First Time Coop-Builder: Planning

Discussion in 'Coop & Run - Design, Construction, & Maintenance' started by PureFluff, Jul 10, 2010.

  1. PureFluff

    PureFluff In the Brooder

    Jul 10, 2010
    Otis, ORE
    Hi, this is my first attempt at making a coop. I haven't gotten chickens yet and I'm not sure what kind(s) I will get, but I'm working under the assumption that they will not be bantam, as worse comes to worse there will be extra room.

    I plan on trying my hand at housing one rabbit and 3 hens together, using the ideas and information from other people.

    I've been looking at the coop construction on this site and I'm getting some good ideas, but I guess my question is if anyone can give me a list of things to think of as I create my own design? Such as, the nesting boxes (sorry if my terminology is wacky), should there be one for each? More? Less? It seems there are usually just places for perching as well, how many of those are necessary? I got the 4/10 sq. feet thing for coop/run down. How important are windows, how far up should they be? How tall should the coop be off the ground to allow for a proper shadow underneath.

    Also, how small of a space can a chicken get through? I was thinking of the separation for the hutch/rabbit area being just through a tunnel that the chickens would be inable to fit through, same as the feeder for the birds being high enough where the rabbit cannot get it.

  2. elmo

    elmo Songster

    May 23, 2009
    Welcome to the forum!

    I haven't tried keeping rabbits and chickens together, but I do remember reading in the Storey's book that you have to watch carefully to make sure the rabbit doesn't get bullied by the chickens, or vice versa...I guess...depending on the individuals you have in there.

    Chickens like to use the same nestbox; you'll probably be fine with having only one nestbox for three hens. Chickens like to roost someplace high at night. Figure about a foot of roost width (perhaps a bit less) per bird. They don't end up using all this space when they get settled (they like to squeeze up close together, even in summer), but there is frequently a good deal of jockeying for position, as they work out who gets to roost next to whom each night.

    Windows are important for light and for supplemental ventilation during warmer periods of the year. The main ventilation of your coop, the ventilation you'll keep open or mostly open throughout the winter, should be up high at the tops of the walls so that in winter cold air won't blow over your birds as they roost (that's the dreaded draft, to be avoided).

    I personally don't really like the elevated coop I have. It's on two foot legs. It's hard to clean under the coop. It does make cleaning inside the coop easy because everything is right at waist level, so there's no stooping.

    We've only had one rabbit, and she was quite a bit larger than the bantams we now have. I'm not sure about whether your idea of the rabbit tunnel will really work.
  3. dsqard

    dsqard Crazy "L" Farms

    Jun 11, 2010
    York PA
    One thing I would highly recommend is to see if you have a Restore nearby. My husband and I built a small chicken tractor for our 4 pullets because I thought the ones I was finding online that were either built or a kit were outrageously priced. Turns out we probably spent more on materials than it would have cost to buy one already built. I do have to say we had fun doing it but did not save a cent! Have fun:lol:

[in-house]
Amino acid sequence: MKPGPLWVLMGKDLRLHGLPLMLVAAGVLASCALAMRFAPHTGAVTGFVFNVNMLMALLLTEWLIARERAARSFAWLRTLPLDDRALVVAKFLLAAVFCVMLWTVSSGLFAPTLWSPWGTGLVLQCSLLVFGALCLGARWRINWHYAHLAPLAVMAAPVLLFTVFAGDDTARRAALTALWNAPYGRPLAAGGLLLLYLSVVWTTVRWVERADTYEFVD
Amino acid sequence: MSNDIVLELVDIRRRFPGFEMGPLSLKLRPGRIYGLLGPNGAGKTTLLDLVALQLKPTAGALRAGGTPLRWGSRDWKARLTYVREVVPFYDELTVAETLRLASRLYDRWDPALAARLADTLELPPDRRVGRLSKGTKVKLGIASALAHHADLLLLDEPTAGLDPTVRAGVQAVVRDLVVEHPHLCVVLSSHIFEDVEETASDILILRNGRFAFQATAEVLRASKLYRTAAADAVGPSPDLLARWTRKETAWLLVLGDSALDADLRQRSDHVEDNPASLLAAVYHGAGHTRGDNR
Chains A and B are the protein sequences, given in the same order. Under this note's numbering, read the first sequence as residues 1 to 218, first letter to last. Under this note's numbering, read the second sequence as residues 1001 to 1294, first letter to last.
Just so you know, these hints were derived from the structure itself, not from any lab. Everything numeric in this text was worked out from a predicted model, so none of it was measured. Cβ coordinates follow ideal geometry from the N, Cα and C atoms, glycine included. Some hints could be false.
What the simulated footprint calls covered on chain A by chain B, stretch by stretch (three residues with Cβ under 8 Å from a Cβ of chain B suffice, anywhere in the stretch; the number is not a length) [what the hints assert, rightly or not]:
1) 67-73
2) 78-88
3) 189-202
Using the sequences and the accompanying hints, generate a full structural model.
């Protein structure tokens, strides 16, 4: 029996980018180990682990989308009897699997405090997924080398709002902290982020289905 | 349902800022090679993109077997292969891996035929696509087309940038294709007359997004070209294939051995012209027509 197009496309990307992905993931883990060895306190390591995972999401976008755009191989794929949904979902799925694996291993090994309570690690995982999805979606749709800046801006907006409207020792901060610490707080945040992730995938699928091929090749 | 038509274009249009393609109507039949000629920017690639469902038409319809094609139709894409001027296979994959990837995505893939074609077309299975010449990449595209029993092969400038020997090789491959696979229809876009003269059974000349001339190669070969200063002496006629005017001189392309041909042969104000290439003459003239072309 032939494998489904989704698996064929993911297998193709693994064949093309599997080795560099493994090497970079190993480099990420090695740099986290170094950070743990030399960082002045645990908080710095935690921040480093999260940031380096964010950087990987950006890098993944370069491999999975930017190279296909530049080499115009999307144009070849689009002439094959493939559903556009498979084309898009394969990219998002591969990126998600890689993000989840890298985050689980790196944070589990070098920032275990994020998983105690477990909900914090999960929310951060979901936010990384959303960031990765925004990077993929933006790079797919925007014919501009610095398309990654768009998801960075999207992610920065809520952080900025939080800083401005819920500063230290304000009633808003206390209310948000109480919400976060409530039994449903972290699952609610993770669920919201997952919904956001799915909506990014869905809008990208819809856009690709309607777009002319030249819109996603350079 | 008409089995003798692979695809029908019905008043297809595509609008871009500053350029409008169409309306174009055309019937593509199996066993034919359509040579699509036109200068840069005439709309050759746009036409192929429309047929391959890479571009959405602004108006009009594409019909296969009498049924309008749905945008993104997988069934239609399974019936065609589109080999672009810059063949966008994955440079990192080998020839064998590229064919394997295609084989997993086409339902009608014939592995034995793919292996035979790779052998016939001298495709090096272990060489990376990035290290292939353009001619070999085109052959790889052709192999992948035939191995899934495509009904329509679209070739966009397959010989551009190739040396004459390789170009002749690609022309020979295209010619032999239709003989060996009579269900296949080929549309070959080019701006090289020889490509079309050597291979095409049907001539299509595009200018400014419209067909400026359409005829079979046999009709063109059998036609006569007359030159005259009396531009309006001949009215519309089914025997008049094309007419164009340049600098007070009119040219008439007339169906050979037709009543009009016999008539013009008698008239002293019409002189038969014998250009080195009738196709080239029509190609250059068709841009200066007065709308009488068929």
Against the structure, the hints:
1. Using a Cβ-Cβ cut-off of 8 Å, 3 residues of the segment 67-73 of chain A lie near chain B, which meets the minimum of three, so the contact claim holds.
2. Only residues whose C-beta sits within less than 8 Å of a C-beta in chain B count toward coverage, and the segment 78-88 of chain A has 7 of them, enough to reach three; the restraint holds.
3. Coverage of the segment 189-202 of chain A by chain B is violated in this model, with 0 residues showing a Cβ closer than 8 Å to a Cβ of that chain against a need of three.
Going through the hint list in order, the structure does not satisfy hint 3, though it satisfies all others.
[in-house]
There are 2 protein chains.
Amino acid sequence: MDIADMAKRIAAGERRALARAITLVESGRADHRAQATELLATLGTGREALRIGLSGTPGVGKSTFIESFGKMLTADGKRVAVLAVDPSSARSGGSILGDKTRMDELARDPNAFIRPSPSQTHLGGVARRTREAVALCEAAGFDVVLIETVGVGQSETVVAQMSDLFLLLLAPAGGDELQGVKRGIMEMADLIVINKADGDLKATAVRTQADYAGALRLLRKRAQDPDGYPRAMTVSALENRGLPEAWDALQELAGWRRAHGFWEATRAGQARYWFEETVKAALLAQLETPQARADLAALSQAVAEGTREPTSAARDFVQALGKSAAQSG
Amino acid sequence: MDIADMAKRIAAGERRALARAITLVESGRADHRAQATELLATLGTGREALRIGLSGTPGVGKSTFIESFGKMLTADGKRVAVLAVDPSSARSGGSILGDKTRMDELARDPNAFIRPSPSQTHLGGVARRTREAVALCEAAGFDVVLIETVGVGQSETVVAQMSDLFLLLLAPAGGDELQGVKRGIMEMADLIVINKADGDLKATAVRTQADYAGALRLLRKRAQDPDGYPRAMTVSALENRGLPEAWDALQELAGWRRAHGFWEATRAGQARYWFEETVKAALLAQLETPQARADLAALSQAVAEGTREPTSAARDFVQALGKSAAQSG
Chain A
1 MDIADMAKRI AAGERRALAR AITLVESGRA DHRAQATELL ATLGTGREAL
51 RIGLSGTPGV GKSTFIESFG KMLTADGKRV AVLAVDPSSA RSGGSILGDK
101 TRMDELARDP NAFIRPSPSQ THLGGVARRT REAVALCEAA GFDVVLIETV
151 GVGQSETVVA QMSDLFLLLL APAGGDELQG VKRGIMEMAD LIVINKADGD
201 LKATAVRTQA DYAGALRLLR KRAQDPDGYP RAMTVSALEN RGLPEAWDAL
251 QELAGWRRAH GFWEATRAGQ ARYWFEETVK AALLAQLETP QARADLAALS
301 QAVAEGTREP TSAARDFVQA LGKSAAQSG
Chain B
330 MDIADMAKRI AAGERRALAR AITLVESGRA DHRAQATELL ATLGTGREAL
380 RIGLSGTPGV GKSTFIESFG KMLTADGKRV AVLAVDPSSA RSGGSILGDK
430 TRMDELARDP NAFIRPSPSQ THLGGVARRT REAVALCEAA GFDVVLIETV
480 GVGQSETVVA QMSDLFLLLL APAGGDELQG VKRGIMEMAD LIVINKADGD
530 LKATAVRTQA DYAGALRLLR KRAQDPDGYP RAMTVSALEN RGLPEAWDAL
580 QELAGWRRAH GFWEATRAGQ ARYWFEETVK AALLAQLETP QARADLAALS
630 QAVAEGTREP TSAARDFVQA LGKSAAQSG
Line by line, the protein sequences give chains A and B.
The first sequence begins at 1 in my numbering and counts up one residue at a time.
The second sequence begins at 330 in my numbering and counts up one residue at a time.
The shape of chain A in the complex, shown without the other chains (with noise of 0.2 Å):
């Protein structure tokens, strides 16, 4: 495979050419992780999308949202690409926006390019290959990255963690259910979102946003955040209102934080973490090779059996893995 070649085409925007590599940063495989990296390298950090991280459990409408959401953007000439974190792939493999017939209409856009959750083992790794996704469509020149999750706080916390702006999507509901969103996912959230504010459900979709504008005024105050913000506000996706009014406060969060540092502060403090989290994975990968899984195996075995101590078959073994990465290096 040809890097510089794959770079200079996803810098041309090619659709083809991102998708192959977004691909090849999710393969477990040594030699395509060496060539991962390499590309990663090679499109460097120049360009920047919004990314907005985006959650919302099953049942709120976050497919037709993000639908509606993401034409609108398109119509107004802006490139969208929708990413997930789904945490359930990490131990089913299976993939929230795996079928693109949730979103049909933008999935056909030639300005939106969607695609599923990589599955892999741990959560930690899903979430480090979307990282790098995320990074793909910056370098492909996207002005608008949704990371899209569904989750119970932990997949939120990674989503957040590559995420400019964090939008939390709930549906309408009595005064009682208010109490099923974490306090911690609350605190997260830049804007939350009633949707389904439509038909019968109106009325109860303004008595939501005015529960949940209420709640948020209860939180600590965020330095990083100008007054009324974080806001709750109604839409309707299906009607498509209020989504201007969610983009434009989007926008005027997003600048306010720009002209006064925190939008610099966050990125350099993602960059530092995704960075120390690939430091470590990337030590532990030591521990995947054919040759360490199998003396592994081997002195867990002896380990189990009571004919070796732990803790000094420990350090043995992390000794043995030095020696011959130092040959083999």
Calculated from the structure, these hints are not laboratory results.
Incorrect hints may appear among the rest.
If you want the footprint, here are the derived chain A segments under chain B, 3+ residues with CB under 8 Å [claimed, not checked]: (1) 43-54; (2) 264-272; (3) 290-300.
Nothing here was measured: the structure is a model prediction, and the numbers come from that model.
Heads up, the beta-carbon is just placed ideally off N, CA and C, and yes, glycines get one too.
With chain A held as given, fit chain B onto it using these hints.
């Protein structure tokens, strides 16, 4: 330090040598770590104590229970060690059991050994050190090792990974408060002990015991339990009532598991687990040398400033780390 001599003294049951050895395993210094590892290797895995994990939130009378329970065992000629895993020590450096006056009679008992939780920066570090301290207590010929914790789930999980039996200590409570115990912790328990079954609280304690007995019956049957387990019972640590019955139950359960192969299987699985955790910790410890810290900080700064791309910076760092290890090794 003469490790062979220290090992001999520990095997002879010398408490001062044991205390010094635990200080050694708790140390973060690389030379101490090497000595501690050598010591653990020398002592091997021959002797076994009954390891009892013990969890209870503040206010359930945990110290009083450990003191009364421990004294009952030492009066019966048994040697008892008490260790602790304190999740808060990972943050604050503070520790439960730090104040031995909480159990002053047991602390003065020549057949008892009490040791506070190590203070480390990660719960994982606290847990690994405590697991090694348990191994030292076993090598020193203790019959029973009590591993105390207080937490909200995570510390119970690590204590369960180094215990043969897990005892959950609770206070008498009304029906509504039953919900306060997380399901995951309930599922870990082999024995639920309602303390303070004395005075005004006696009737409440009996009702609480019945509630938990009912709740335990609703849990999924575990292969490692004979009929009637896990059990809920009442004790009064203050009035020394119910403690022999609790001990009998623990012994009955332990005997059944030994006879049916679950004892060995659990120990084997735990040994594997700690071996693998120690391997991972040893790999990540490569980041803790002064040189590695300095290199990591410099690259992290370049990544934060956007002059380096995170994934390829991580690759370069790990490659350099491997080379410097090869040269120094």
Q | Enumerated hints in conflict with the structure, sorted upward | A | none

4. PureFluff

    PureFluff In the Brooder

    Jul 10, 2010
    Otis, ORE
    Hmm, yes I suppose I should figure out what breeds of both chicken and rabbit I will have before getting to committed to that idea.

    Of course I guess I could go opposite and get bantam chickens and a Flemish Giant, lol.

    I was thinking of raising the rabbit and the chickens together so they hopefully would be buddy-buddy. If not, I do have a few backup plans.

    Are there any types of materials I should avoid? My family used to own a plumbing business which I live right next to, and we have a lot of things I thought would be cool to incorporate as we have throughout the area (my porch was literally held up by pipes until we rebuilt it) but I'm not sure how well birds work with metal or plastic.

    Also, yeah I'm aware it will be spendy. But I like to build things and we do have quite a bite of materials for the most part to at least start with.
    Last edited: Jul 10, 2010
  5. The Chicken Lady

    The Chicken Lady Moderator Staff Member

    Apr 21, 2008
    West Michigan
    Here are some questions to consider as you plan your coop...

    One thing to take into consideration is the climate where you live. Does it snow/rain a lot (so will the birds spend a lot of time indoors)? Does it get really hot or really cold? Does it get humid? Proper ventilation and keeping humidity low are very important.

    What kind of predators are in your region that you need to protect against?

    Do you want your chickens to lay year-round? How will you supply them with adequate light during the winter so that they can if possible? Do you want electricity in your coop?

    How easy will your design be to keep clean?

    Do you want to collect eggs from inside or outside the coop?

    Where will you store your supplies? Is your storage location convenient in snow or other inclement weather?

    Are you planning to raise standard-size or bantam chickens?

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